It’s difficult to pick up a newspaper these days and not see a reference to the apparent increase in the incidence of autism, and the role that having children later in life might play in this phenomenon. Some reports have gone so far as to tell young women it’s a mistake to delay childbearing and say that young men should freeze sperm for later parenting.
In the past few years, several studies have implicated fathers’ age more strongly than mothers’ in increasing autism risk. Although older fathers have more spontaneous mutations in their sperm than younger fathers do, no one has shown that these accumulating mutations contribute to autism risk in their children.
In a paper in March in Molecular Psychiatry, my colleagues and I argue that repeating this reasoning as accepted wisdom is a leap that the media, and researchers, should be careful to avoid1.
Studies have linked parental age with the risk for a number of developmental disorders, including intellectual disability, autism and schizophrenia. In general, the older the parent, the greater is the risk. But because maternal and paternal ages are highly correlated within families, it is difficult to conclusively determine the relative contributions of the mother’s or father’s age to this risk association.
For example, a large epidemiological study from Sweden published in February suggests paternal age is the culprit in autism risk2. Other studies from Sweden have suggested that maternal age is more important than paternal, however3, 4.
One reason there has been such interest in maternal versus paternal age is because the biological mechanisms of the associations may be different. In an attention-grabbing article published in 2012 in Nature, researchers showed a link between paternal age and de novo, or spontaneous, mutations in children5. They attributed these genetic changes to mutations in older fathers’ sperm.
The finding generated major media buzz, appearing on the front page of The New York Times. The Economist named it one of the breakthroughs of 2012.
Older fathers thus appear to be at greater risk for two things that are easy to link together in the same sentence: spontaneous mutations in their sperm and autism in their children. The problem is, neither this study nor previous research showed any direct evidence linking these two observations. It is conceivable that they both may be true, but are unrelated.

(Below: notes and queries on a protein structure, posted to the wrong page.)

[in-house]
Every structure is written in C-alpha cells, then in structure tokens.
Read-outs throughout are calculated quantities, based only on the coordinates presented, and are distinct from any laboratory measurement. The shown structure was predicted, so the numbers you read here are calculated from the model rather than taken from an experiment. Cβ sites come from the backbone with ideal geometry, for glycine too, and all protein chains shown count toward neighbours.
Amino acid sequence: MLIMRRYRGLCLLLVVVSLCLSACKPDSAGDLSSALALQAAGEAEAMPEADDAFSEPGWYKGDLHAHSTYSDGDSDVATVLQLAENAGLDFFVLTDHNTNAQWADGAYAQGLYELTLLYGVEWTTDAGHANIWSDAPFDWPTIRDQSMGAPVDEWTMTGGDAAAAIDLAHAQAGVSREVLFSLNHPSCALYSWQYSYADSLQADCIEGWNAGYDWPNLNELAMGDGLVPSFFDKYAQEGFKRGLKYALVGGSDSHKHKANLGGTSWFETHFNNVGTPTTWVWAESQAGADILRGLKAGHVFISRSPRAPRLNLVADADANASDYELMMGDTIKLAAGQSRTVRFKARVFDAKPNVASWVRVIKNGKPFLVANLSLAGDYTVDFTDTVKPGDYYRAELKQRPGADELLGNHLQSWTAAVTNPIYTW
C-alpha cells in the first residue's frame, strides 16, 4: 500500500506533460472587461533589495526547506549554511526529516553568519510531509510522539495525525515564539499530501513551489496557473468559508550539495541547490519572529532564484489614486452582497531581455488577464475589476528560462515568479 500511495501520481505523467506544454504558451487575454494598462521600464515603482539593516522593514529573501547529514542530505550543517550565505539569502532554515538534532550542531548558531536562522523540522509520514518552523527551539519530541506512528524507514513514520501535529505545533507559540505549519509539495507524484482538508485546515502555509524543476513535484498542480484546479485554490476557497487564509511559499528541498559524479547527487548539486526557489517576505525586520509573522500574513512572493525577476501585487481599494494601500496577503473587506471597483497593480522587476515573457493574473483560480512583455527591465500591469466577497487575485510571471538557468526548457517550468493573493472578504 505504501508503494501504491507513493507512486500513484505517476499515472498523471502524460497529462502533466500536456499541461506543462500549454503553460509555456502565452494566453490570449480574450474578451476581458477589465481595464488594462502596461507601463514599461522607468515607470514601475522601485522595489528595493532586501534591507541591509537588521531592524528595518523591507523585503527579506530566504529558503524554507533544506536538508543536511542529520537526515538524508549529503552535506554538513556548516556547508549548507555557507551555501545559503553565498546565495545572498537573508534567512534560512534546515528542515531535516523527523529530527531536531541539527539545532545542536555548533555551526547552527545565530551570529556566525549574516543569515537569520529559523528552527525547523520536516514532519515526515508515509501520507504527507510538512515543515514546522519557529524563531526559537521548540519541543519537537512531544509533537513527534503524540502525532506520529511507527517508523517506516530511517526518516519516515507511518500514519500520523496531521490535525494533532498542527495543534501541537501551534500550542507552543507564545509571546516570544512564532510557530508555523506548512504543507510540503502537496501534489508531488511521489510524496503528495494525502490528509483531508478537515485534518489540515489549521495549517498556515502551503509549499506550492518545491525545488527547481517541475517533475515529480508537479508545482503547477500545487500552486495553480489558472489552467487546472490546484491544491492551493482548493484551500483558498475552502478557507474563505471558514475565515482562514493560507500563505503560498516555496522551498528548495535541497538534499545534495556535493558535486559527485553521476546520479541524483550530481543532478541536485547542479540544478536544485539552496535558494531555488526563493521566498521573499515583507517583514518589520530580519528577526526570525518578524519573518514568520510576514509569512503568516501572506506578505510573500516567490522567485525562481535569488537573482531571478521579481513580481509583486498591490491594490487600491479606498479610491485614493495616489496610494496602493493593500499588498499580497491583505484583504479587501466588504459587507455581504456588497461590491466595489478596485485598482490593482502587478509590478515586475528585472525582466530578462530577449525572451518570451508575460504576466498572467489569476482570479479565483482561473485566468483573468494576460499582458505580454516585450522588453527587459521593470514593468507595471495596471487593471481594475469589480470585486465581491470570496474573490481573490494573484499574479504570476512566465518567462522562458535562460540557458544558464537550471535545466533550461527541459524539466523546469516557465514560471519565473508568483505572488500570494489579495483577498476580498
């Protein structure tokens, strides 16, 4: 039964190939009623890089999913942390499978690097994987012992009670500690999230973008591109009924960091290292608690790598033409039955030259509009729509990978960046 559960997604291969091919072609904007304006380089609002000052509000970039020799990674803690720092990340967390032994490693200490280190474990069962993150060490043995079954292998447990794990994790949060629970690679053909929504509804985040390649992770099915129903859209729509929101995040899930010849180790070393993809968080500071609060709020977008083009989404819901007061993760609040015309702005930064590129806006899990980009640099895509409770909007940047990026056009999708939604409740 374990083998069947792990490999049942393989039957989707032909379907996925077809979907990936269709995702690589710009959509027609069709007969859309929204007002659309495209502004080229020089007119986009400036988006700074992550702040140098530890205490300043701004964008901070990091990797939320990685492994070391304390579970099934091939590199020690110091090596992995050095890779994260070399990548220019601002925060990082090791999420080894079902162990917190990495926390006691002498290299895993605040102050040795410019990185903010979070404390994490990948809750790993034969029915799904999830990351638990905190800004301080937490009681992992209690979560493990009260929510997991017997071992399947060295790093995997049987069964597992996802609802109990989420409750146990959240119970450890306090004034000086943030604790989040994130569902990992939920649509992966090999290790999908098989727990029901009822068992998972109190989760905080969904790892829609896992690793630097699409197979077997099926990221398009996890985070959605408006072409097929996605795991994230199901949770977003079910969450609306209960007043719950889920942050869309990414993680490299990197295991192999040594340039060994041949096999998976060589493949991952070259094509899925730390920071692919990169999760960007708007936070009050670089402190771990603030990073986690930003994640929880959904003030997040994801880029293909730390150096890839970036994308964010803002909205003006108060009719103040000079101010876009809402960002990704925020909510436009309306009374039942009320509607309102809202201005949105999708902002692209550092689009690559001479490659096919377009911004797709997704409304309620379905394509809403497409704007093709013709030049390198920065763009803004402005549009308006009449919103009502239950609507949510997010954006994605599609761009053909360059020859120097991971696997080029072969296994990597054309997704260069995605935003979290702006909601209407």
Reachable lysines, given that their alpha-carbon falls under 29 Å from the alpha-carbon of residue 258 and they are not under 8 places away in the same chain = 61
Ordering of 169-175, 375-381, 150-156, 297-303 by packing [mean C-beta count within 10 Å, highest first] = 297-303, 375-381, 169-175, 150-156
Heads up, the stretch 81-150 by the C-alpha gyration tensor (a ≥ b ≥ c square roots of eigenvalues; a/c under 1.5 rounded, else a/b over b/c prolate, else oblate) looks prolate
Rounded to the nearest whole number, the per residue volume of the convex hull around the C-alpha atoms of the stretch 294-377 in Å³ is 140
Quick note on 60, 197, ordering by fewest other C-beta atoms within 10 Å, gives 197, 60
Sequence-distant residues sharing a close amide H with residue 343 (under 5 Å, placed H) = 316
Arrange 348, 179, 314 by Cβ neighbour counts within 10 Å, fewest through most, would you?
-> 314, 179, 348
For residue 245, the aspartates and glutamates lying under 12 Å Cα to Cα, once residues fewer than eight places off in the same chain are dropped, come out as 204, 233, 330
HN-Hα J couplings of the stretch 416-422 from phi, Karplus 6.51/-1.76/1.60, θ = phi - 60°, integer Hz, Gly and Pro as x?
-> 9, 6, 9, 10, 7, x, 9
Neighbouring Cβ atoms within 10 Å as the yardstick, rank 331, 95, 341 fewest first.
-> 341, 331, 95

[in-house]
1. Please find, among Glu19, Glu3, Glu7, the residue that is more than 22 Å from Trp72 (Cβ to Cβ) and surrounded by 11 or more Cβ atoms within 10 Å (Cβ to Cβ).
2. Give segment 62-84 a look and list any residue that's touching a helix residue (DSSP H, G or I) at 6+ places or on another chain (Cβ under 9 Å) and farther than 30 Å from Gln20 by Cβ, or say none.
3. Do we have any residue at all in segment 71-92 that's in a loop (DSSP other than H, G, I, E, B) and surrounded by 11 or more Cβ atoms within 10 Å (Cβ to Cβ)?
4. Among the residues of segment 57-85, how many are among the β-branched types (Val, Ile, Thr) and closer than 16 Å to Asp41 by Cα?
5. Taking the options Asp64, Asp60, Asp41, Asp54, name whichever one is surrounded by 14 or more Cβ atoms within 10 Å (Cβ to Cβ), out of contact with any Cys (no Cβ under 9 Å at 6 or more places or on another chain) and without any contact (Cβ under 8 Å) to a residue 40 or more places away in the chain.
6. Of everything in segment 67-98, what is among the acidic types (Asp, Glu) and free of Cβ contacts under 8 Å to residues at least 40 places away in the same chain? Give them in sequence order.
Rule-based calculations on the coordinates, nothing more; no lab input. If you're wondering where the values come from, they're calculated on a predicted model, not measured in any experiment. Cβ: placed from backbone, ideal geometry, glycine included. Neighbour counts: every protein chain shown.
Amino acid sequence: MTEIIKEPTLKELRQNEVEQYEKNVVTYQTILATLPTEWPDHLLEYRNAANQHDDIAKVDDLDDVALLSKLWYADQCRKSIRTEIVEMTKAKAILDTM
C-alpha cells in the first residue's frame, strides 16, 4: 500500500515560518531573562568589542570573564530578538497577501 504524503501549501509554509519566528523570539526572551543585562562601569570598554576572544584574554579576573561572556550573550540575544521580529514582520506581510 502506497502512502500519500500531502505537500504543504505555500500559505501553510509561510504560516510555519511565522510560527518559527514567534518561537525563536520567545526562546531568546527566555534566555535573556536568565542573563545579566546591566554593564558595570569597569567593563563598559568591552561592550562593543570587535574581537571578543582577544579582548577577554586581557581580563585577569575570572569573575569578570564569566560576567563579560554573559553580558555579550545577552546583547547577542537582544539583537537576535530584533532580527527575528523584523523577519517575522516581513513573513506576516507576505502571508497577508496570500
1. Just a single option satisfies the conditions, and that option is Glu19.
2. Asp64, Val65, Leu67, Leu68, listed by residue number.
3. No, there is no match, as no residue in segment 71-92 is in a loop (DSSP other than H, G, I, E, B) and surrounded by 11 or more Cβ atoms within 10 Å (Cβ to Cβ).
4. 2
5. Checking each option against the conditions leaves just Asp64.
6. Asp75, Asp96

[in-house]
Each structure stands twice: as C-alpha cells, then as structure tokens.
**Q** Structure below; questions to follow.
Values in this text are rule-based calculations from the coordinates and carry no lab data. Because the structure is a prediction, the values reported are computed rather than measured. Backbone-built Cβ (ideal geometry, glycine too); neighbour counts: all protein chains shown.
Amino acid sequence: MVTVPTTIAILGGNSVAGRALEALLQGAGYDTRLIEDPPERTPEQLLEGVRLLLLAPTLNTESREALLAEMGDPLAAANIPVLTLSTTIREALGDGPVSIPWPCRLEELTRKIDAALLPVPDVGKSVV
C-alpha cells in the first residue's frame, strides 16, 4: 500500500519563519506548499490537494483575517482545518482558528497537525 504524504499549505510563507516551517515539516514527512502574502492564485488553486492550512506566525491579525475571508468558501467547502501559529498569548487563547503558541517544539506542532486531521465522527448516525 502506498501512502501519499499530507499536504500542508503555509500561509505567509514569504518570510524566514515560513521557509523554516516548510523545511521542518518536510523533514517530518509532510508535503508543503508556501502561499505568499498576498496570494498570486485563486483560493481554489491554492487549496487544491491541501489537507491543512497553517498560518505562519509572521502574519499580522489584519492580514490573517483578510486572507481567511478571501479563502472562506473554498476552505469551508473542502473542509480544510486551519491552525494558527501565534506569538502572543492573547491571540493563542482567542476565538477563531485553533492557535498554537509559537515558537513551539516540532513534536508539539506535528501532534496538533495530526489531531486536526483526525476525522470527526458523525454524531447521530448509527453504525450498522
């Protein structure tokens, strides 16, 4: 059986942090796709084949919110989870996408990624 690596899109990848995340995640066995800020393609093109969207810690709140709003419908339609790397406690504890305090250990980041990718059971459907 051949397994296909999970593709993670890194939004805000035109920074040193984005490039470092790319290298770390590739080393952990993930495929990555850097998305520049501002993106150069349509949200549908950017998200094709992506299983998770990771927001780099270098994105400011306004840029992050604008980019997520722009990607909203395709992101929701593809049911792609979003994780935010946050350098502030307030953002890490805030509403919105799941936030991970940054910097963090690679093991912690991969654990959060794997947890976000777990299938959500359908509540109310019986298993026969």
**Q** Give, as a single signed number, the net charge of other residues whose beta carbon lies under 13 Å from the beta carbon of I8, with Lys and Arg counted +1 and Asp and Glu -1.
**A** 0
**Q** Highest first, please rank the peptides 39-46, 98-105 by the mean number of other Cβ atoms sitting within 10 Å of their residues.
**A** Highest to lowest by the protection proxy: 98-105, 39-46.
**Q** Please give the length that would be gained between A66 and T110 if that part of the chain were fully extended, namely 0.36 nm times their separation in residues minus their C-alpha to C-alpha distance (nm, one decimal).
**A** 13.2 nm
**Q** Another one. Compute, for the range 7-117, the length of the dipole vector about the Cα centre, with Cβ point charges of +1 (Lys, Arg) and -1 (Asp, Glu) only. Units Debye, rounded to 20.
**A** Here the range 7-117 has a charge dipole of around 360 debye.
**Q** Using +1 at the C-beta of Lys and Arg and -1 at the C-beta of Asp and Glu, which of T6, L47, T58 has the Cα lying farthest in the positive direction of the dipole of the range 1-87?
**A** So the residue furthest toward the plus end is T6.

In our paper, my colleagues and I explored the question of a direct causal link in the context of schizophrenia, which shows a similar association with paternal age1. We posited that if a causal link exists, latter-born children within a family should be at greatest risk, especially in families with older fathers.
In other words, if the disorder is linked to mutations associated with the father’s age, then within families with schizophrenic children, the affected child should tend to be born later because he or she has the oldest father compared with the other siblings.
Large population-based studies had previously explored the influence of birth order on the occurrence of schizophrenia and autism in children. Perhaps surprisingly, these studies tended to find that birth order is not associated with schizophrenia. In families with autism, if anything, the first-born tends to be most often affected.
Our results are not consistent with what would be expected if de novo mutations in older fathers’ sperm were the culprit. In our report of 453 multi-child families, we found no hint of a paternal age effect on birth order of affected children.
The results suggest that the association of paternal age with the risk for schizophrenia — though probably a valid observation in and of itself — may not be based on de novo mutations in paternal sperm.
So what else might explain the association of advanced age with increased autism risk in children?
Two large studies from Denmark, involving more than 2 million births, confirmed the association of age with the risk for schizophrenia, but showed that this association is not explained by the age of the father at the birth of the affected child6, 7. Rather, it can be explained by the age at which the father had his first child.
These studies raise the possibility that men who get married late in life or undertake childrearing late in life may expose their children to risk factors other than spontaneous mutations in their sperm. These may involve other genes, environmental exposures or modifications to the genome that can control gene expression — so-called epigenetic factors.
The results of our study and the Danish population studies argue against the idea that mutations in the sperm account for the association between paternal age and risk for schizophrenia or autism. Mutations are also not likely to explain the fourfold male bias in prevalence among children with autism, as sperm with mutations are equally likely to carry an X or a Y chromosome.
Although the current evidence does not provide an explanation for the age association, it does suggest that extreme actions that have been discussed in the media, such as young men freezing their sperm in order to have children later, are not justified. These are heavy issues, and one would hope that science will soon be able to provide answers to guide these decisions.
Daniel Weinberger is professor of psychiatry, neurology and neuroscience at Johns Hopkins University School of Medicine.
1: Jaffe A.E. et al. Mol. Psychiatry 19, 274-275 (2014) PubMed
2: D’Onofrio B.M. et al. JAMA Psychiatry 71, 432-438 (2014) PubMed
3: Idring S. et al. Int. J. Epidemiol. 43, 107-115 (2014) PubMed
4: Myrskylä M. et al. Am. J. Epidemiol. 177, 649-655 (2013) PubMed
5: Kong A. et al. Nature 488, 471-475 (2012) PubMed
6: Petersen L. et al. Am. J. Psychiatry 168, 82-88 (2011) PubMed
7: Pedersen C.B. et al. Mol. Psychiatry 19, 530 (2014) PubMed